Paying for your divorce — what are the options?

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You don’t have to get divorced or dissolve your civil partnership using a solicitor. You can do it yourself or use mediation instead. But most couples still use a divorce lawyer, and that means there will be legal bills to pay. If you can’t pay from savings and you don’t qualify for legal aid, how can you afford it?

Legal aid

In England or Wales, you will only qualify for legal aid to help pay legal costs if you’ve been a victim of domestic violence or child abduction is involved. Legal aid is available to pay towards mediation. In Scotland and Northern Ireland, legal aid is more widely available.

Funding from your ex

Solicitors say that in a number of cases a husband or civil partner will agree to fund their ex’s divorce in order to get the divorce or dissolution sorted out quickly. You won’t necessarily have to ask your ex directly if you don’t want to as your solicitor could ask him or her on your behalf.

Borrowing from family or friends

You may be able to borrow from family or friends and it may be cheaper and much easier than borrowing from a bank. However, a court may not take a loan from family and friends into account when considering how to divide the finances between you.

SAVVY TIP: Make sure you can pay back any money you’ve borrowed or you could jeopardise the friendship or family relationship.

0% credit card

If you can get a credit card that charges 0% on purchases (especially if the deal runs for quite a long time — say a year or more) you could use it to pay your legal bills. Once the 0% deal runs out the interest rate can rise quite sharply, but it might give you the breathing space you need.

SAVVY TIP: Most solicitors accept payment by credit card, but it’s worth checking when you first speak to yours.

Personal loan

Shop around to get a competitive rate on a personal loan. High street banks tend to be uncompetitive, especially on smaller loan sizes (such as up to £2,500 or so). Interest rates are tiered so the more you borrow, the lower the interest rate you pay.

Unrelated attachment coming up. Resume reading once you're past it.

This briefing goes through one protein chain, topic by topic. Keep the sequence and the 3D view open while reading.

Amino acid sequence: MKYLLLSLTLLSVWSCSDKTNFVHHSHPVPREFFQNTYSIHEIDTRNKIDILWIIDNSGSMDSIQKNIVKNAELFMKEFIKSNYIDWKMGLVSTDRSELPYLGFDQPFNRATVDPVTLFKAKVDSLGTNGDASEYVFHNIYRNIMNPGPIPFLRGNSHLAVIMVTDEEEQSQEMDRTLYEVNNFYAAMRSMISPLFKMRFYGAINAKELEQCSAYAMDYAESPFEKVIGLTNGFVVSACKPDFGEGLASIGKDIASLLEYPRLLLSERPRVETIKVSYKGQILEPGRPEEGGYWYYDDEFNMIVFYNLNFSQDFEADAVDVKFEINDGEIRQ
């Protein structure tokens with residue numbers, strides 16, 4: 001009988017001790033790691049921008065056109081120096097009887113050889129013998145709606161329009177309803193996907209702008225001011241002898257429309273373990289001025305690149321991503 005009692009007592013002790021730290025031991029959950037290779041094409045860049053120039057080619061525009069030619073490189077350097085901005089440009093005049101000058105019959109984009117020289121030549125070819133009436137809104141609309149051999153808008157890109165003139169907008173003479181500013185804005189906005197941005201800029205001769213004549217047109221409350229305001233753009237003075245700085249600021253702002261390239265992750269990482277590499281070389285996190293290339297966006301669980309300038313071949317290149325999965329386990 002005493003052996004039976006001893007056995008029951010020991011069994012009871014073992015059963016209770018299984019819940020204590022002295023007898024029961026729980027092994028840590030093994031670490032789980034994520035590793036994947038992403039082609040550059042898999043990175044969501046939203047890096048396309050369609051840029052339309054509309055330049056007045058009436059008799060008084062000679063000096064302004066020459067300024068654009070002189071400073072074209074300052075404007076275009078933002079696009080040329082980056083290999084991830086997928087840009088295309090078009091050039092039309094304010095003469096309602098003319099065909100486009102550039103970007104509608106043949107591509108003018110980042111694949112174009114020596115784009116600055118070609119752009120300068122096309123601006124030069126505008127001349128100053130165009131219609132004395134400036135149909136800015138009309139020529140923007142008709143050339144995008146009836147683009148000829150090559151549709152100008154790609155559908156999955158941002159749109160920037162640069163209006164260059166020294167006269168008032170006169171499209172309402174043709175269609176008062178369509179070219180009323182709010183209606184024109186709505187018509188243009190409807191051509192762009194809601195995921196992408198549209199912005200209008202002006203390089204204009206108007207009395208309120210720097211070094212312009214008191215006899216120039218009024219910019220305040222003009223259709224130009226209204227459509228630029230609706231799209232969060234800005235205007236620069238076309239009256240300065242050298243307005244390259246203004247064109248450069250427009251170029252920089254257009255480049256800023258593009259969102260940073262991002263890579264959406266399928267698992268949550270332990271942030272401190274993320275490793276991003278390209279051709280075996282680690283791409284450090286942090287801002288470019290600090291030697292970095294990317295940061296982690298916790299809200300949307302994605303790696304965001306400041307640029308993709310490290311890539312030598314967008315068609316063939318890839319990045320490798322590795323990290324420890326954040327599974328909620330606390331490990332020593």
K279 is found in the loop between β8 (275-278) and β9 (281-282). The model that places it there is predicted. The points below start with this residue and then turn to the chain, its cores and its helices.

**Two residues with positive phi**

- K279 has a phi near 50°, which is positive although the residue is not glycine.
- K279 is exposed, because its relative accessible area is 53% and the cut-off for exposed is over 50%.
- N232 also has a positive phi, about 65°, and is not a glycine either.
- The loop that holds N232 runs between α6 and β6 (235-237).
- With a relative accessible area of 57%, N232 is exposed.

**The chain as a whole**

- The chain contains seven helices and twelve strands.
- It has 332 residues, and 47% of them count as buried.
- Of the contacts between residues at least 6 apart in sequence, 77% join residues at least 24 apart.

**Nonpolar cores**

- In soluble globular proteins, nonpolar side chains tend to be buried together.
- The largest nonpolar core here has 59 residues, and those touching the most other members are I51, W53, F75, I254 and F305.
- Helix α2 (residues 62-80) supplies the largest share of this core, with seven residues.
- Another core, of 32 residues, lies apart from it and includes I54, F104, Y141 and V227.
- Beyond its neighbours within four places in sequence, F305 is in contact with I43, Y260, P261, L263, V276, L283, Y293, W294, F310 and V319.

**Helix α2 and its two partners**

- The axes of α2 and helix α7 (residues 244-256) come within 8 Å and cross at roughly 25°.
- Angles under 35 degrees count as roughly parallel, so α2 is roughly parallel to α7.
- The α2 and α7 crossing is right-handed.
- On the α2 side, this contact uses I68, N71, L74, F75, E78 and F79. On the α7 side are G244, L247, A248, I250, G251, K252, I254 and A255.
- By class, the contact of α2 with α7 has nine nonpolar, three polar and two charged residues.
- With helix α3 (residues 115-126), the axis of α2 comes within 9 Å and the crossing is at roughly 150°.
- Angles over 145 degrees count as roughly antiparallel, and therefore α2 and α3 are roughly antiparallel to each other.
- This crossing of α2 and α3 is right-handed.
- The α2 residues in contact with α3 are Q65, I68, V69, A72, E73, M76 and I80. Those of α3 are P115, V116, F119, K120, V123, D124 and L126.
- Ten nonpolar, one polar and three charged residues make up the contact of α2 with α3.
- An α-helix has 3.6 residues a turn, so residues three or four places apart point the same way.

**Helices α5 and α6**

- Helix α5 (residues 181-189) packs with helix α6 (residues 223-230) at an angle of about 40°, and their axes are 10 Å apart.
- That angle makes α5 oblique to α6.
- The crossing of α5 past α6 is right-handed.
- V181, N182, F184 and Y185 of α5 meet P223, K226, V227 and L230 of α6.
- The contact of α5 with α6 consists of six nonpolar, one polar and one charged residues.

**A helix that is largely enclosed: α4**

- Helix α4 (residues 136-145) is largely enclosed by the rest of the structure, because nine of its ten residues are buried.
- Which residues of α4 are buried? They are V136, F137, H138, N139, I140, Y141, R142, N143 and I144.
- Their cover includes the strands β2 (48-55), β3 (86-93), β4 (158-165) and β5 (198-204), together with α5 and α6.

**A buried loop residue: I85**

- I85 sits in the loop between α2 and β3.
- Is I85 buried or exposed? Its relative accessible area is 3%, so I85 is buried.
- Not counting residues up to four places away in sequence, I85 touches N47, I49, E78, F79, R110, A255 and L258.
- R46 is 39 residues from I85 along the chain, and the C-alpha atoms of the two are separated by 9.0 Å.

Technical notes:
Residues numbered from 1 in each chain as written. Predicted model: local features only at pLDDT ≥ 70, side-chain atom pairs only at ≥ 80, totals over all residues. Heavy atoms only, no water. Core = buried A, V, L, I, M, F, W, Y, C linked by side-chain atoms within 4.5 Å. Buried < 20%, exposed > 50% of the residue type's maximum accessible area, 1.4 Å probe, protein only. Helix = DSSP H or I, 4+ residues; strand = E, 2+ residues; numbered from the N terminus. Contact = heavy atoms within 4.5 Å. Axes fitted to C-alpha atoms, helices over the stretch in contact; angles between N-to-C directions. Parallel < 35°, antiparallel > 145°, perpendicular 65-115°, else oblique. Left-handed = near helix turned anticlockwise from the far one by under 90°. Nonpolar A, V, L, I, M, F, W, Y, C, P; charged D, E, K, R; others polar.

SAVVY TIP: It sounds perverse but you may get a better deal by borrowing slightly more (especially if you want to borrow around £2,500, £5,000 or £7,500, which are key ‘threshold’ levels). You should try and repay the money you don’t need as soon as possible.

Be aware that the interest rate that’s quoted on websites or adverts may not necessarily be the rate you are offered.

SAVVY TIP: Increasingly, loan providers work out how much interest they’ll charge on the basis of your credit report and factors like employment status.

Divorce loan

You may be able to take out a special ‘divorce loan’, either directly with the loan provider or through your solicitor. Two companies that offer divorce loans are Iceberg Client Credit and Novitas.

SAVVY TIP: Solicitors who are members of the family law organisation for England and Wales called Resolution, can offer loans from Iceberg Client Credit at cheaper rates than other solicitors.

A divorce loan is different to an ordinary bank loan because:

  • You only have to pay the interest while your divorce is going through, not the capital.
  • You are given a loan limit, but you may be able draw down what you need when you need it to pay your bills (up to the limit) or your solicitor may be able to get payment directly from your loan reserve.
  • Interest can be deferred in some cases, which means you don’t make any payments at all while your divorce goes through.

Applying to the court

A court can order that your husband or civil partner makes a payment to cover your divorce costs. You wouldn’t be able to get this type of order unless you could show that you weren’t able to borrow money from anywhere else.

Paying from your settlement

Some law firms will let clients pay their legal fees when their divorce has been finalised and once they have reached a financial settlement. This type of funding is sometimes called a ‘Sears Tooth agreement’ after the law firm that first offered it.

Not all legal firms will offer this option, and those that do will not offer it to all their clients, but it is worth asking about.

Should you borrow?

Don’t take on extra credit if you’re already in a financial black hole. What a 0% credit card or bank loan should enable you to do is pay the bills (including legal costs) until your financial situation improves.

However, if you know that’s unlikely to happen once the divorce has been finalised, try not to borrow more from the bank or credit card companies. If you can’t keep up the repayments you’ll have bigger money problems than you started out with.

Related articles:

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If you’re divorced, was your pension divided correctly?

VIDEO: How to protect your finances if you have joint accounts and have split up with your partner

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